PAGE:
Petition follows naming of gateway complex

Photo from librarycollections.stevens.edu

Recently, Stevens has accepted over $20M in donations from alumnus and RightNow Technologies founder Greg Gianforte, primarily from two $10M donations. The first one occurred 3-5 years ago, while the second donation was announced this past December. In return, Stevens agreed to name the proposed Gateway Complex after the Gianforte family and have an acknowledgment to his parents in the building once it replaces the Lieb Building in 2019.

On Monday, April 3, 2017, alumni Joseph Risi, Kyle Gonzalez, Michael Abramavo, Matthew Mildeau, and current senior student Andy Waldron started a petition on activism website, change.org, to ask President Nariman Favardin to “publicly explain their reasoning behind accepting the donation and honoring Greg Gianforte in light of what he stands for, condemn the discriminatory rhetoric of the groups who received donations from Greg Gianforte, and reaffirm their commitment, in actions and not just words, to be an inclusive campus regardless of race, gender, or sexual orientation.” The petition notes Gianforte’s opposition to LGBTQ protections ordinance in Bozeman, MT, as well as over $1.5M in donations to the Montana Family Foundation, Focus on the Family, Alliance Defending Freedom, the NJ Family Policy Council, the Family Research Council, and the American Center for Law & Justice.

Four of the aforementioned organizations have public stances against legalization of same-sex marriage in the U.S. Both The Family Research Council and American Center for Law & Justice have opposed efforts to legalize homosexuality in Uganda and Zimbabwe – the former classified by the Southern Poverty Law Center as an anti-LGBTQ hate group. The American Center for Law & Justice supported an effort in Kenya to remove an exception to the country’s abortion laws that allows abortions to take place if the mother’s life is at risk. The petition also mentions Gianforte’s donations to a creationist museum and the Heritage Foundation.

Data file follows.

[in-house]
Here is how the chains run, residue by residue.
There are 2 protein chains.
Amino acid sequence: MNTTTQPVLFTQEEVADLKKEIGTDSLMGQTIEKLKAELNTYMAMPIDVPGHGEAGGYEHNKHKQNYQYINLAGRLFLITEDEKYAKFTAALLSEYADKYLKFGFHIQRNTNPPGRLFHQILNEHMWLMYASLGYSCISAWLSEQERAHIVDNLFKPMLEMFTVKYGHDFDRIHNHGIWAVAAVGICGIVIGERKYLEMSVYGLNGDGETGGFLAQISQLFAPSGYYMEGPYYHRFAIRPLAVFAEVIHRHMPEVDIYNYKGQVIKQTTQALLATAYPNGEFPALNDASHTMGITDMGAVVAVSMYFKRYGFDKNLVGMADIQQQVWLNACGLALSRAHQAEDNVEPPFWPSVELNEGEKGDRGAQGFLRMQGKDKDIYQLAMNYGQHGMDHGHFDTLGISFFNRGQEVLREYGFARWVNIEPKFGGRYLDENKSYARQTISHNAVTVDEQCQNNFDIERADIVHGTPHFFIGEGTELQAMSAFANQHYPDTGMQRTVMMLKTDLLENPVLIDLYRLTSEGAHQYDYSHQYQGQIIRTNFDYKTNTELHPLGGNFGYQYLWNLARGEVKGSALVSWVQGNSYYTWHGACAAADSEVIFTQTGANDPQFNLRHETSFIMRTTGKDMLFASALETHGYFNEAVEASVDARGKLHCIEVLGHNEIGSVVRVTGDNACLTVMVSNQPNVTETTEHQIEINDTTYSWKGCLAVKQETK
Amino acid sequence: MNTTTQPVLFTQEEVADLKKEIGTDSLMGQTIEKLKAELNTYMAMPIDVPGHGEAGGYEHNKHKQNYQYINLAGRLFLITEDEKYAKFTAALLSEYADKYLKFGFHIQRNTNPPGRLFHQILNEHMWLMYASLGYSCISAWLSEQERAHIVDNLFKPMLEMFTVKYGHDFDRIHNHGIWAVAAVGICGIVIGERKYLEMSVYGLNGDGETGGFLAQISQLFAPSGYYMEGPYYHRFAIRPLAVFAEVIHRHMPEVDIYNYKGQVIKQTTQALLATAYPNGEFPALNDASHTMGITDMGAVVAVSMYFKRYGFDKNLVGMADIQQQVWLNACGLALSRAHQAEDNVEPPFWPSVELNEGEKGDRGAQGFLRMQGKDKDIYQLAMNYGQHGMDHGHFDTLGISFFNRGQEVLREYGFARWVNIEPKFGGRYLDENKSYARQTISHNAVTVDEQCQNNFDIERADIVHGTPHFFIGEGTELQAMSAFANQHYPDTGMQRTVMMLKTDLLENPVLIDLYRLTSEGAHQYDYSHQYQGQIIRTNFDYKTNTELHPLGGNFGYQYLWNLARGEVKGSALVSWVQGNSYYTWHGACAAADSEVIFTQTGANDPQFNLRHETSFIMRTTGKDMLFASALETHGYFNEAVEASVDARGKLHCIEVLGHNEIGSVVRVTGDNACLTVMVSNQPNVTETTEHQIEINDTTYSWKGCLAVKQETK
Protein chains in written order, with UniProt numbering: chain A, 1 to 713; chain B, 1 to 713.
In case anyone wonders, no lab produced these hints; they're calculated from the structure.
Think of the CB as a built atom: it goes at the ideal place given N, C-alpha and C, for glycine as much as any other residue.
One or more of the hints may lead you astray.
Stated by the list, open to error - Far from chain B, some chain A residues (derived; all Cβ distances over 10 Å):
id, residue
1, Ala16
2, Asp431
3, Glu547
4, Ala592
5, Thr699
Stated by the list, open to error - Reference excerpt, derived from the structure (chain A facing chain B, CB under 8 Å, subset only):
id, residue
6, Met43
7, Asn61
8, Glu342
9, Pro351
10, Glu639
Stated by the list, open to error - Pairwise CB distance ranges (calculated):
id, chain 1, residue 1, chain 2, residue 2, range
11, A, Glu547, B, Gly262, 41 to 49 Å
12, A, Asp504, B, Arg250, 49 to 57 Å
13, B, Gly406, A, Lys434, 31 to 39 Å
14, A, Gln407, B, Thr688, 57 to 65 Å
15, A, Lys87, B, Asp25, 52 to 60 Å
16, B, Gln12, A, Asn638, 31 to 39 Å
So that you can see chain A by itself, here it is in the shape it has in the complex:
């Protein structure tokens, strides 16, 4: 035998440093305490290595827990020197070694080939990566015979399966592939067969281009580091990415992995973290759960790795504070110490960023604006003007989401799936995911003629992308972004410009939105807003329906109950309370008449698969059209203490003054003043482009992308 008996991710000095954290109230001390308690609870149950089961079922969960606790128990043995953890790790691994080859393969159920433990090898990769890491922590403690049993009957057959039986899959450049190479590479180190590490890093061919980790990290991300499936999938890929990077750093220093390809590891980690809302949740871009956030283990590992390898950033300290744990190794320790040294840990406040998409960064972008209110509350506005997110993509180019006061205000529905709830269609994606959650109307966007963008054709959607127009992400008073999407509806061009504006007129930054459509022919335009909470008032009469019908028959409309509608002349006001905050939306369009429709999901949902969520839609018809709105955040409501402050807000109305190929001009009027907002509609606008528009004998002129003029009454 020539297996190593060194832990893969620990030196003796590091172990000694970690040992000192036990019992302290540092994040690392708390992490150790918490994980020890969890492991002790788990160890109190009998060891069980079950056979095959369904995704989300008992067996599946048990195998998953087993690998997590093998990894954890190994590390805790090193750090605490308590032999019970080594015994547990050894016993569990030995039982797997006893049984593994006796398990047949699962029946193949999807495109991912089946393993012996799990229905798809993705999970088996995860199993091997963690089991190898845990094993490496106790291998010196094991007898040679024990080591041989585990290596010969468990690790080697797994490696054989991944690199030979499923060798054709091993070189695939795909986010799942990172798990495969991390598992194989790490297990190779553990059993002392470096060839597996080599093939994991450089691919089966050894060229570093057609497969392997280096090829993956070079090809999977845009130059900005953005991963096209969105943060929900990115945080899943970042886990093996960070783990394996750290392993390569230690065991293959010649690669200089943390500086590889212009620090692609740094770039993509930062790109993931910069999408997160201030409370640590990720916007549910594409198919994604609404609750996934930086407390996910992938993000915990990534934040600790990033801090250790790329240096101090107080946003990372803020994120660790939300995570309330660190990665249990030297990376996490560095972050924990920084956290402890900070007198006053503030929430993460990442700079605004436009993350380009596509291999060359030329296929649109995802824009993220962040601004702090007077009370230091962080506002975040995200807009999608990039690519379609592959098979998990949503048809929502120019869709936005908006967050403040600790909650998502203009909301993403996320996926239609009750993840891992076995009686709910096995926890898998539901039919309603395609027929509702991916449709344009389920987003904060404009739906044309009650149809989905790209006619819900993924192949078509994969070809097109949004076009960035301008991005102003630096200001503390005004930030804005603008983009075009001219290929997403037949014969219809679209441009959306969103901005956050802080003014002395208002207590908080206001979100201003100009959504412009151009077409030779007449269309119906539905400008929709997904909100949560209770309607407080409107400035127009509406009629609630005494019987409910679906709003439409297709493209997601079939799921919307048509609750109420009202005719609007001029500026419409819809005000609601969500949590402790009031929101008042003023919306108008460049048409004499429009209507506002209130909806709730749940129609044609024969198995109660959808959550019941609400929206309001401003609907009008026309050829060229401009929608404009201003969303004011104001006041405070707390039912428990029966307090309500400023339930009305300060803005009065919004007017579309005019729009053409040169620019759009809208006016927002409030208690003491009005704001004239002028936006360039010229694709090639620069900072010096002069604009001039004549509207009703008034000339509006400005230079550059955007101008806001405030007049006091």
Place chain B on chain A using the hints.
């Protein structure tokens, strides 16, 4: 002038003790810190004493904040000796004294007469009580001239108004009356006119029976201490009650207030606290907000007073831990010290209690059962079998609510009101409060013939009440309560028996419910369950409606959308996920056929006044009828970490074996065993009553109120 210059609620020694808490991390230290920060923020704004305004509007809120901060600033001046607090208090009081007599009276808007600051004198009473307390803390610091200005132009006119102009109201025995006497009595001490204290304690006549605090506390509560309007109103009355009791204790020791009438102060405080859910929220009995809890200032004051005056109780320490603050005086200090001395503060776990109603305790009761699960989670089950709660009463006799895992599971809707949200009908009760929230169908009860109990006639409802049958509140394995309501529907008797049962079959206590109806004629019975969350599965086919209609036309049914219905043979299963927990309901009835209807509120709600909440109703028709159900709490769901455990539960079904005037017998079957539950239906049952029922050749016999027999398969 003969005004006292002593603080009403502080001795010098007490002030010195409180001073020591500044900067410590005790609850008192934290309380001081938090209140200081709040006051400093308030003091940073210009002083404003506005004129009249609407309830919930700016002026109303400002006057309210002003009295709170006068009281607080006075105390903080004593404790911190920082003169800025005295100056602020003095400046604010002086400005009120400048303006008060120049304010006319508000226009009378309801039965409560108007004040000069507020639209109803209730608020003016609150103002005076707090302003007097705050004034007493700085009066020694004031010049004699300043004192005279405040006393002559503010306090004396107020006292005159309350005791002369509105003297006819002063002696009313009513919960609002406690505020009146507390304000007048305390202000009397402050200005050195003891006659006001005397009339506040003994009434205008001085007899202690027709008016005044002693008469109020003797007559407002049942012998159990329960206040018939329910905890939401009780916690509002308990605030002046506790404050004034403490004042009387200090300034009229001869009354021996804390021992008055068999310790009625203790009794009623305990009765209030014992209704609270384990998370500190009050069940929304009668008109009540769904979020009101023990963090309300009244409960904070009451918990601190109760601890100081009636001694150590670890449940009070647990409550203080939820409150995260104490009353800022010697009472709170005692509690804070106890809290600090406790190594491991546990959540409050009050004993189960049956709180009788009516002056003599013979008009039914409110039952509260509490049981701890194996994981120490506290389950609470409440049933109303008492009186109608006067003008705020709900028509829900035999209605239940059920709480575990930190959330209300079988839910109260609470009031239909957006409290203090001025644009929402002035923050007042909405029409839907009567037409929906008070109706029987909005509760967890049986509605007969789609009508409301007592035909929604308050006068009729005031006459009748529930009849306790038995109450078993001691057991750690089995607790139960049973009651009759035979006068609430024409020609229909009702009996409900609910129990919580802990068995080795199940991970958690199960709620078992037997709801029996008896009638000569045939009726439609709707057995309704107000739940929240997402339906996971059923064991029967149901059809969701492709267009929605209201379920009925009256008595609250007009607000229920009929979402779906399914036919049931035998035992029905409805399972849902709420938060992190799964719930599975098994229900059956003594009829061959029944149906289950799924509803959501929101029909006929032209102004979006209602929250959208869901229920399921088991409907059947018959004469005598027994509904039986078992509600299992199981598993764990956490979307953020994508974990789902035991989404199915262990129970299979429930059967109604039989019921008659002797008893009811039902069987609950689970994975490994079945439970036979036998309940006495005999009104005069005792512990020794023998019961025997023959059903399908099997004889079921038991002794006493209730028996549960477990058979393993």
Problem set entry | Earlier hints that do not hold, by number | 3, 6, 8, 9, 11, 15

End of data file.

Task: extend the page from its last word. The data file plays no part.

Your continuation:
The creators of the petition organized information over spring break, gathering insight from Montana State University students like Haley Cox, who protested Gianforte’s donation to its Computer Science Department in 2016, citing “an institutional level of acceptance of discrimination and hatred”. Waldron presented their findings at the following Student Government Association meeting. At the meeting, he proposed ideas of starting a petition, releasing an SGA statement on the matter, and working with the College of Arts and Letters and Samuel C. Williams Library for names that “represent diversity in Stevens and STEM history.” This was met with responses from SGA senators including concerns about the administration’s transparency, a drive for the student government to be neutral, and a notion that “nothing can be done about it and we [can] work on this for the future.” Waldron countered this with the idea that “there’s no real precedent for this, so we can be leaders in ensuring students don’t feel discriminated by the kind of rhetoric this donor is supporting.”

The group reported receiving a “great image of what our community felt” following the release of the petition. In faculty email correspondence, there was support (“Talks regarding the implications of Gianforte’s donation were sporadic since the December announcement”) and more critical feedback (professors cited disparate concerns of political correctness.) Many commenters on Facebook were concerned about the implications of accepting Gianforte’s donations, while many criticized the wording of the posts disseminating the petition. Conversely, the 335 signees and 85 comments on the petition (as of writing) conveyed support from current students, professors, and alumni – including former SGA cabinet members.